everything that diminishes it is bad."IS Such struggle is wholly unlike
the competition of bourgeois society; it is a competition not for what is
but for what ought to be. It is a clash of ideals and (cultural) values; its
source lies in the individual's sense of overflowing creative power.
Developing Nietzsche's insight that "enemy" means not "villain" but

13 Ibid., 300.
u Ibid., 15.
15 Ibid., 27 2 .
16 Ibid., 277.
17 Ibid., 12.
18 Ibid., 306, 302.

"opponent," Volski writes: I grant full freedom to the individual whose

ideal is inimical to mine; I strive to make him an "integral personality,"
and work with him to remove external impediments to our sharp and
clear collision. In struggling with me he enriches me. He enlivens my
highest value, pressing it eternally forward. He causes me to experience
"a great intensity of will, a great ecstasy, when the soul- winged with
a passion for victory - flies over the earth like a whirlwind, craving for
obstacles in order to destroy them. Thus he strikes sparks from me and
kindles a flame with which I set mankind afire. "19 "And if I should be
vanquished in this struggle," Volski exclaims, I want to recognize in
the eyes of my conqueror "the same passion, the same power, the same
great thirst for life, which inspired me."
"Of all those who surround me," Volski asserts, " ... the most pre-
cious, most essential is he with whom I struggle for life and death."20
He is both friend and enemy; I want both to vanquish and to preserve
him. To strengthen myself I must strengthen him and those like him.
"Such," Volski concludes, "is the morality of 'friend-enemies' - the
morality of the future."21
The future, in fact, was to be quite otherwise. Volski's book was one
of the Jast defenses of ethical individualism (on a secular foundation)
to appear in Russia. Leninists have been notably impatient with
"Nietzschean" revisions of Marxism, particularly those -like Volski's-
which bear a strongly individualistic stamp.

5. A. V. Lunacharski
Anatoli Vasilyevich Lunacharski (1875-1933) joined the Russian
Social Democratic (Marxist) Party in 1892. Because of radical political
activities in secondary school, he was not permitted to matriculate at a
Russian university. He attended lectures at Kiev University and at the
University of Zurich, where in 1894-1895 he studied under Richard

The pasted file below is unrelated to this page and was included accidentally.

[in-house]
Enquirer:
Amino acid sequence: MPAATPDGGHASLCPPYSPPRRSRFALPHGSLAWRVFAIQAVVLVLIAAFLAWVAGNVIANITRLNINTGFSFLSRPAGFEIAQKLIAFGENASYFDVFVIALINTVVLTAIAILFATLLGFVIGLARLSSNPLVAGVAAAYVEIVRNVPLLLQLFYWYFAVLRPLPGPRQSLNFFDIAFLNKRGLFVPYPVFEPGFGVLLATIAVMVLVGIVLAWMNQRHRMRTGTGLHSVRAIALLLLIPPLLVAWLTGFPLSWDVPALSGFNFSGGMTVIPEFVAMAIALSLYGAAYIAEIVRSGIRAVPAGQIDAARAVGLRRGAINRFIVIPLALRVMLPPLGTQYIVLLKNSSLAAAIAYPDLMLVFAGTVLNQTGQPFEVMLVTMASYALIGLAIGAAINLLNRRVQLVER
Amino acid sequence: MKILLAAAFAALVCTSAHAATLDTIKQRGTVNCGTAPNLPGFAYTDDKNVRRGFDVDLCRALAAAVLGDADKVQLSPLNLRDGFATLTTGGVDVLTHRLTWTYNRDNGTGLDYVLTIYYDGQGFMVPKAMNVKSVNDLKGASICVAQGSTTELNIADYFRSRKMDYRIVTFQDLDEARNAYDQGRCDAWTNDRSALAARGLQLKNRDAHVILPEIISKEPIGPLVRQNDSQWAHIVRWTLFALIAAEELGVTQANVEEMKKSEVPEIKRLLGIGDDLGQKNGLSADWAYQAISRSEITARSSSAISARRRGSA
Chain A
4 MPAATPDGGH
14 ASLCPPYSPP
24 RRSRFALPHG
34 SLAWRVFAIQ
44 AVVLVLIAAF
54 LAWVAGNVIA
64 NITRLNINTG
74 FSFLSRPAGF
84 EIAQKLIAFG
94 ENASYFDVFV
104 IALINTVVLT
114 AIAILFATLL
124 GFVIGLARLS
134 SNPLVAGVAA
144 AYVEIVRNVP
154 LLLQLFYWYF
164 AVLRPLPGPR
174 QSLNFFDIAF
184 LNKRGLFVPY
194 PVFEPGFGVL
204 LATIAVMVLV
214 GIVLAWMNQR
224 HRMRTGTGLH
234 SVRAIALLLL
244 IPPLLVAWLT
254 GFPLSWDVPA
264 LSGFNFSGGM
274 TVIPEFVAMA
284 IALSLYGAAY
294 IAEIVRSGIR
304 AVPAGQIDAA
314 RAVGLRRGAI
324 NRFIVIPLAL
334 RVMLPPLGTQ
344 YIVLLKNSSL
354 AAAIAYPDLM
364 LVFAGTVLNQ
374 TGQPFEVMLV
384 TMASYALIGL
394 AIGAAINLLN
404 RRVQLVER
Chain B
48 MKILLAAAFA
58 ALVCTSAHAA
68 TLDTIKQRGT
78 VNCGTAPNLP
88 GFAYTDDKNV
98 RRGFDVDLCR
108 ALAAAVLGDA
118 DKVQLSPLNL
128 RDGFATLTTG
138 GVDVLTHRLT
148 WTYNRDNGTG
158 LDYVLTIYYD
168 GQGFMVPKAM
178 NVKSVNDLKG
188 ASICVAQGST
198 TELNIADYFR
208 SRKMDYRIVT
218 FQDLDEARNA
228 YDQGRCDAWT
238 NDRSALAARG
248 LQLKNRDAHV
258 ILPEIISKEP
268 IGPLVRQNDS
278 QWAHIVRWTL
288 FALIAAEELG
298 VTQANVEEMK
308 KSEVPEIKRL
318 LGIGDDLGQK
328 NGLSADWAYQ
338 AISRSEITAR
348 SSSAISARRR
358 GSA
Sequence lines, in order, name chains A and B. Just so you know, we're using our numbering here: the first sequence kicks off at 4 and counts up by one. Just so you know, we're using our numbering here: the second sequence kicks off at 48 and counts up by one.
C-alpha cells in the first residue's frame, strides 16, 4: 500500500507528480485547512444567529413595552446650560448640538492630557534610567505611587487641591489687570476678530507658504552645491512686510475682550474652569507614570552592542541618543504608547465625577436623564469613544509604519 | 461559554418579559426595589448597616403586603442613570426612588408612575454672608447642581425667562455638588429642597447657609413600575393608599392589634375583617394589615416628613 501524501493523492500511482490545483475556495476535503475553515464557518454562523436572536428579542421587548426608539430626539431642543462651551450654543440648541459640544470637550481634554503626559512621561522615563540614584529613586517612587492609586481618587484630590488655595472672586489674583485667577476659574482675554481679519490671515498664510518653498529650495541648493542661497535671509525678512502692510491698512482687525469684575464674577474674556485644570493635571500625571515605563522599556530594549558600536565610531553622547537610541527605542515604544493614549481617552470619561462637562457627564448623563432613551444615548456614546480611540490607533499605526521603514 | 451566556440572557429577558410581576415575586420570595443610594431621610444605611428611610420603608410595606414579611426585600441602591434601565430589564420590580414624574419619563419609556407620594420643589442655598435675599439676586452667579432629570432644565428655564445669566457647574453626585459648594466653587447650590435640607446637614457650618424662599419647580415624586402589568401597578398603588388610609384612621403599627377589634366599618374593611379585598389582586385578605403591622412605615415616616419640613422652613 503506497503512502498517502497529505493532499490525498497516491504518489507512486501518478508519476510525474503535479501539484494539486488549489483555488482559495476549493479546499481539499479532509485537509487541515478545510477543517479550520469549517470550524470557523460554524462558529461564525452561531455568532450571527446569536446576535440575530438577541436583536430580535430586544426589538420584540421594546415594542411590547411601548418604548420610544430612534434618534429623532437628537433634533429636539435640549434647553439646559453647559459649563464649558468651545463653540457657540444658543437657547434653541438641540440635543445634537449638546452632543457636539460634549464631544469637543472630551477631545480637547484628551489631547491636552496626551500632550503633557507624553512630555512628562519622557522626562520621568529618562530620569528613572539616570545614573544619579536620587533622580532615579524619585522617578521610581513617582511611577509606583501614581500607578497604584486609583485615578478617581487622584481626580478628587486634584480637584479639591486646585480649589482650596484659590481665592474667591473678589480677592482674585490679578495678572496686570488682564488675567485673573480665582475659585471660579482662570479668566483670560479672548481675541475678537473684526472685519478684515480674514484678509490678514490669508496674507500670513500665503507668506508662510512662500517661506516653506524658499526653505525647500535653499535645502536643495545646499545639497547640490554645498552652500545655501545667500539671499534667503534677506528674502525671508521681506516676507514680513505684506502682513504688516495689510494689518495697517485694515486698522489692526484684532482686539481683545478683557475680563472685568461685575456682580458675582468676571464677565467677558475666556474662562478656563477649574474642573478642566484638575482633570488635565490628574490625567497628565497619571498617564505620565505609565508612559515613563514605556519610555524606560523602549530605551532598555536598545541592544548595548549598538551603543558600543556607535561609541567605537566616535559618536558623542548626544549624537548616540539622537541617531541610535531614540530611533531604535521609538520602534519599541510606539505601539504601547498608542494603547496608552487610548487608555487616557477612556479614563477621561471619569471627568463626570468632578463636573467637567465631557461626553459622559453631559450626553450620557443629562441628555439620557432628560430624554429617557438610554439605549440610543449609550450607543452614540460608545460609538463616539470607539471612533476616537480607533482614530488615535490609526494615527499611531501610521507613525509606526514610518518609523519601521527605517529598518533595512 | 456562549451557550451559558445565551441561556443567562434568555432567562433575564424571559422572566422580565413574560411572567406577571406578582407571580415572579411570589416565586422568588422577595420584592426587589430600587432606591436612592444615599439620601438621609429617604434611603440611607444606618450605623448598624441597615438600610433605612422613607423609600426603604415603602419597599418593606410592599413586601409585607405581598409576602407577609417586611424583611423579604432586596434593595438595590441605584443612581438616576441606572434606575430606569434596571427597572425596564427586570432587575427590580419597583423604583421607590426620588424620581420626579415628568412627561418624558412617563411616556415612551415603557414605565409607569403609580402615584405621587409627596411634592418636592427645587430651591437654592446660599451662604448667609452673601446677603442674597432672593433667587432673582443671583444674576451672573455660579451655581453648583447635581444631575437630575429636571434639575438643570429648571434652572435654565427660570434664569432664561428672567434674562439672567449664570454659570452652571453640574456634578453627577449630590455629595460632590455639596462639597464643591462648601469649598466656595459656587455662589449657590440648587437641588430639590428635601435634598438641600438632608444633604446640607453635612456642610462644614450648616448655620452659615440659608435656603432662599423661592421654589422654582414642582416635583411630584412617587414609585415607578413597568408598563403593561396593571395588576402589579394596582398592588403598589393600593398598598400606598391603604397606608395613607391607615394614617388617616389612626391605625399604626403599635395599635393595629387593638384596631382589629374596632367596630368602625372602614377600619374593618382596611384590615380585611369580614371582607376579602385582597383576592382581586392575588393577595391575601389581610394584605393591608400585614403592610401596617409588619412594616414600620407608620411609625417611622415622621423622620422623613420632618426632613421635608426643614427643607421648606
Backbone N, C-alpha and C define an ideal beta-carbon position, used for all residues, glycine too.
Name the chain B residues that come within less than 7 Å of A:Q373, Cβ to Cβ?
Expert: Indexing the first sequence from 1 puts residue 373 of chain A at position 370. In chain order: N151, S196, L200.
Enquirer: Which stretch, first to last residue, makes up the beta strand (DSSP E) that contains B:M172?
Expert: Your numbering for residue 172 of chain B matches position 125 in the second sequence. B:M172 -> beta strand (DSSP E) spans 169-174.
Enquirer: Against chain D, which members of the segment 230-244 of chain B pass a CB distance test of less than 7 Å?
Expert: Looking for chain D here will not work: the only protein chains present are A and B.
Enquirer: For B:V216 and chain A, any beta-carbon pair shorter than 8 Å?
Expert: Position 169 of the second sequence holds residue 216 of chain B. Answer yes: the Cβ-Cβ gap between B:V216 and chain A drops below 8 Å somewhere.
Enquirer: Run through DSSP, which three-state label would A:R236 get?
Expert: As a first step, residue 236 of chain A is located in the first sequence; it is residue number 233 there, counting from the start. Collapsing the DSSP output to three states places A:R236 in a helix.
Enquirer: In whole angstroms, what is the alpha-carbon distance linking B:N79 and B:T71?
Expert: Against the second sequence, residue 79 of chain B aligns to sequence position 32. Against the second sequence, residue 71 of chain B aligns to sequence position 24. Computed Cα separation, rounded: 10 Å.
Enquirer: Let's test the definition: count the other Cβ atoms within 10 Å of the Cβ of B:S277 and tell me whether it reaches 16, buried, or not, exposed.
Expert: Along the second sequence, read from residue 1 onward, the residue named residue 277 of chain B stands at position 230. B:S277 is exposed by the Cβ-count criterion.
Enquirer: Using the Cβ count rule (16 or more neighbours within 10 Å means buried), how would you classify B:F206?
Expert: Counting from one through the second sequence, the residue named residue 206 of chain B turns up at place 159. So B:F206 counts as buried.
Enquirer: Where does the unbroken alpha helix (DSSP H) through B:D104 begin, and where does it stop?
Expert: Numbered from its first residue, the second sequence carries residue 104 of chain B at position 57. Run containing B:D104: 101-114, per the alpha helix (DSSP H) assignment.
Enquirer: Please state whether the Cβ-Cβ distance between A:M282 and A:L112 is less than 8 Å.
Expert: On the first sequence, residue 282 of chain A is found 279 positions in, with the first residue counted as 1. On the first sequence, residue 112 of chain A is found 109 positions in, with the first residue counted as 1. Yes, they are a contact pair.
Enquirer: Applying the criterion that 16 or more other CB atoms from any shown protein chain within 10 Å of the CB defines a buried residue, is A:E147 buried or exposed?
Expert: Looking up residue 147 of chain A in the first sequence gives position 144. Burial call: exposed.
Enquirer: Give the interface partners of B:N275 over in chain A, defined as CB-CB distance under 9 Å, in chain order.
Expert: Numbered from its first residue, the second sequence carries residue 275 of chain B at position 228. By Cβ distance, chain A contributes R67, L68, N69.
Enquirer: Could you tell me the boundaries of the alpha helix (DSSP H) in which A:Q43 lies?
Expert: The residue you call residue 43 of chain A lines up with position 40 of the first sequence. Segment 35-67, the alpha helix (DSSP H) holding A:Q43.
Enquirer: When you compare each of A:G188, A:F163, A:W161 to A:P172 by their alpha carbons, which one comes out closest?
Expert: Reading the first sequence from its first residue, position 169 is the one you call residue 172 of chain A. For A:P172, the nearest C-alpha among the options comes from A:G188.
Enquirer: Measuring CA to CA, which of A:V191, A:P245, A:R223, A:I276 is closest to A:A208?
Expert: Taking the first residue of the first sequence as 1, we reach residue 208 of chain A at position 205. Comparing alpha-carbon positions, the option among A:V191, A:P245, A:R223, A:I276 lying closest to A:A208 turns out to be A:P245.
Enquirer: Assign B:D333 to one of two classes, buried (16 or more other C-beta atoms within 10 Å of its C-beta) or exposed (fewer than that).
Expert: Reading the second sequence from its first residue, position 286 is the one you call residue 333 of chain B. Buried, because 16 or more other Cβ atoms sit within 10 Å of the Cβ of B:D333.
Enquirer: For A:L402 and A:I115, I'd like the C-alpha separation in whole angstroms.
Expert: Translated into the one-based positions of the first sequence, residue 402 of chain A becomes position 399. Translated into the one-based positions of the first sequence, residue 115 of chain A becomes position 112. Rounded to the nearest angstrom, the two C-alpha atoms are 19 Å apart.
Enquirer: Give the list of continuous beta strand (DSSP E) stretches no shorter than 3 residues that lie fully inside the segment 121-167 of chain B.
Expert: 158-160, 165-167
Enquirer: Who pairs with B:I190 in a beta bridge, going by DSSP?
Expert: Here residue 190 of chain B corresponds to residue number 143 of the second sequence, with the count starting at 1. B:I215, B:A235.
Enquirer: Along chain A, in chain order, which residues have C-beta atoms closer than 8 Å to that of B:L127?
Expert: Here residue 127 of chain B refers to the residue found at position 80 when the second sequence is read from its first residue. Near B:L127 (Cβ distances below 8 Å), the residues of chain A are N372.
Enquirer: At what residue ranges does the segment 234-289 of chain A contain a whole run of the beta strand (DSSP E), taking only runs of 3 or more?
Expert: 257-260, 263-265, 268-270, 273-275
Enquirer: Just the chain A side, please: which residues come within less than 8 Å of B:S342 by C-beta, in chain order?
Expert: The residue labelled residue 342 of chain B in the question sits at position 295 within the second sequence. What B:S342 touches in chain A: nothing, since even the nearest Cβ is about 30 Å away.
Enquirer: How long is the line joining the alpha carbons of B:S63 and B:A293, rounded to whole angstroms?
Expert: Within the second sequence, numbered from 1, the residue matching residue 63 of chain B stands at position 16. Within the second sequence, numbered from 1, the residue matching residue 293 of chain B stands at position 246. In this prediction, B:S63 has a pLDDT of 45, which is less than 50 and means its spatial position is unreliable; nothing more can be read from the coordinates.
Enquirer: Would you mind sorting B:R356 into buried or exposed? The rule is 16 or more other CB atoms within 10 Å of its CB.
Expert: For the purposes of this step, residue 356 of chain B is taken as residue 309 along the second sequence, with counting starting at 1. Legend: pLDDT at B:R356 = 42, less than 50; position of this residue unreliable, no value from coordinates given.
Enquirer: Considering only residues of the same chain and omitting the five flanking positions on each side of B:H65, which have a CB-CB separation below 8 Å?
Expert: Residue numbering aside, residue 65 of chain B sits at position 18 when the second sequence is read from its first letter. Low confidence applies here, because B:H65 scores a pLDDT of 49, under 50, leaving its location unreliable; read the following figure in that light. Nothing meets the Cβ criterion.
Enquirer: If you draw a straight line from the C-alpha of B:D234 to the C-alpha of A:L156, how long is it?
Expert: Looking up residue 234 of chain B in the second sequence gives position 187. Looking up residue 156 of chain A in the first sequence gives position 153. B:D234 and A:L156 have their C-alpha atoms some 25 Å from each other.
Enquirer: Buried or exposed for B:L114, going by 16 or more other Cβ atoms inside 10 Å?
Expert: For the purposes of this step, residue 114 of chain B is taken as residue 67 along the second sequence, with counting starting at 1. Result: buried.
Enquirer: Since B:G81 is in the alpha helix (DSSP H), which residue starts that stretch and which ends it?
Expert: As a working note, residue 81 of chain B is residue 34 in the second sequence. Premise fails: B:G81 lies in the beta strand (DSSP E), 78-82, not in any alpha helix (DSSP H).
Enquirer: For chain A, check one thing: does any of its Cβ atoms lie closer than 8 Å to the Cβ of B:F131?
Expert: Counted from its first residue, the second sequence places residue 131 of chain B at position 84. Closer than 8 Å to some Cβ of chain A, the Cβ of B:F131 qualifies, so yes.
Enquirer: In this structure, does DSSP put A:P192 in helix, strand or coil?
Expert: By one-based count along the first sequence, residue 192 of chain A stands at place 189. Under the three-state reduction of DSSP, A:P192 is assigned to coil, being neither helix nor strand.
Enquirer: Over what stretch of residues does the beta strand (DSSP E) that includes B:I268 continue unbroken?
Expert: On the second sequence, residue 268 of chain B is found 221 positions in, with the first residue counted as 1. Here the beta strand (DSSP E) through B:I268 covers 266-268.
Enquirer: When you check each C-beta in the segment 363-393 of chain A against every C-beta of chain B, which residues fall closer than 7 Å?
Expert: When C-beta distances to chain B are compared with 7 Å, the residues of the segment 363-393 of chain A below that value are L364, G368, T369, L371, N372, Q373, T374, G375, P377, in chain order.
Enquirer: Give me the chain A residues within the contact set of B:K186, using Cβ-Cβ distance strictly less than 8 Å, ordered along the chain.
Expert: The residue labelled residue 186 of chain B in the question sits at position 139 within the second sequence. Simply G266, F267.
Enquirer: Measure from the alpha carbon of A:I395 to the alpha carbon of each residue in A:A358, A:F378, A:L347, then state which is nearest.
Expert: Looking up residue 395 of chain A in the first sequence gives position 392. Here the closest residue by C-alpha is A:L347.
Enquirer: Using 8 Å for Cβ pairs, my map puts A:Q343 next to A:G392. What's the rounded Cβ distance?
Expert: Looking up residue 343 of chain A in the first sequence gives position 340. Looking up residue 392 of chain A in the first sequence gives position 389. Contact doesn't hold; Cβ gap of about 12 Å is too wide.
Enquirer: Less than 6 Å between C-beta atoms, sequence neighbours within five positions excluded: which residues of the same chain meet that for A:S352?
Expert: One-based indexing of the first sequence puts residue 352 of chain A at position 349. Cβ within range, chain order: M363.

A venarius; this experience left him a permanent convert to the
"empiriocritical" epistemology.
Lunacharski returned to Moscow in 1897, was exiled to Vologda
(1899-1902), and spent several years between 1904 and 1917 in Western
Europe. He was the first People's Commissar for Education (1917-
1929). If he had not died a natural death in 1933, it seems likely that

19 Ibid., 30 9.
20 Ibid., 3 ID.
21 Ibid., 31 I.
he would have shared the fate of other old Bolshevik intellectuals who
were purged during the late 1930's.
Lunacharski's ethical and social theory is essentially Nietzschean
and anti-Kantian. (His value theory, however, is essentially positivistic,
inspired mainly by Avenarius.) As a self-styled "aesthetic amoralist,"22
he rejects the categories of duty and obligation, stressing free creativity
and the unfettered "artistic" shaping of ends and ideals.
He was sarcastic about Kantian ethics, although he recognized it as
"the most profound moral system that the bourgeoisie [sic!] has pro-
duced."23 Kant, Lunacharski declared, would explain a hen's actions
in protecting her chicks by postulating that "there is in her a spark of
the divine fire, and this spark, through the categorical imperative,
causes her to act as every hen ought to act in her place."24
Lunacharski called his own ethical position an "aesthetics of prac-
tice" or "aesthetics of life." He avoided the terms 'ethics' and'morality',
which for him had a strong Kantian flavor. To be sure, he used the term
'aesthetics' in a broad and ullconventional sense, equivalent to "gene-
ral theory of valuation." "We acknowledge the aestheticians of life,"
Lunacharski declares, "the artists of life, the creators of ideals.
Nietzsche is a creator of ideals .... "25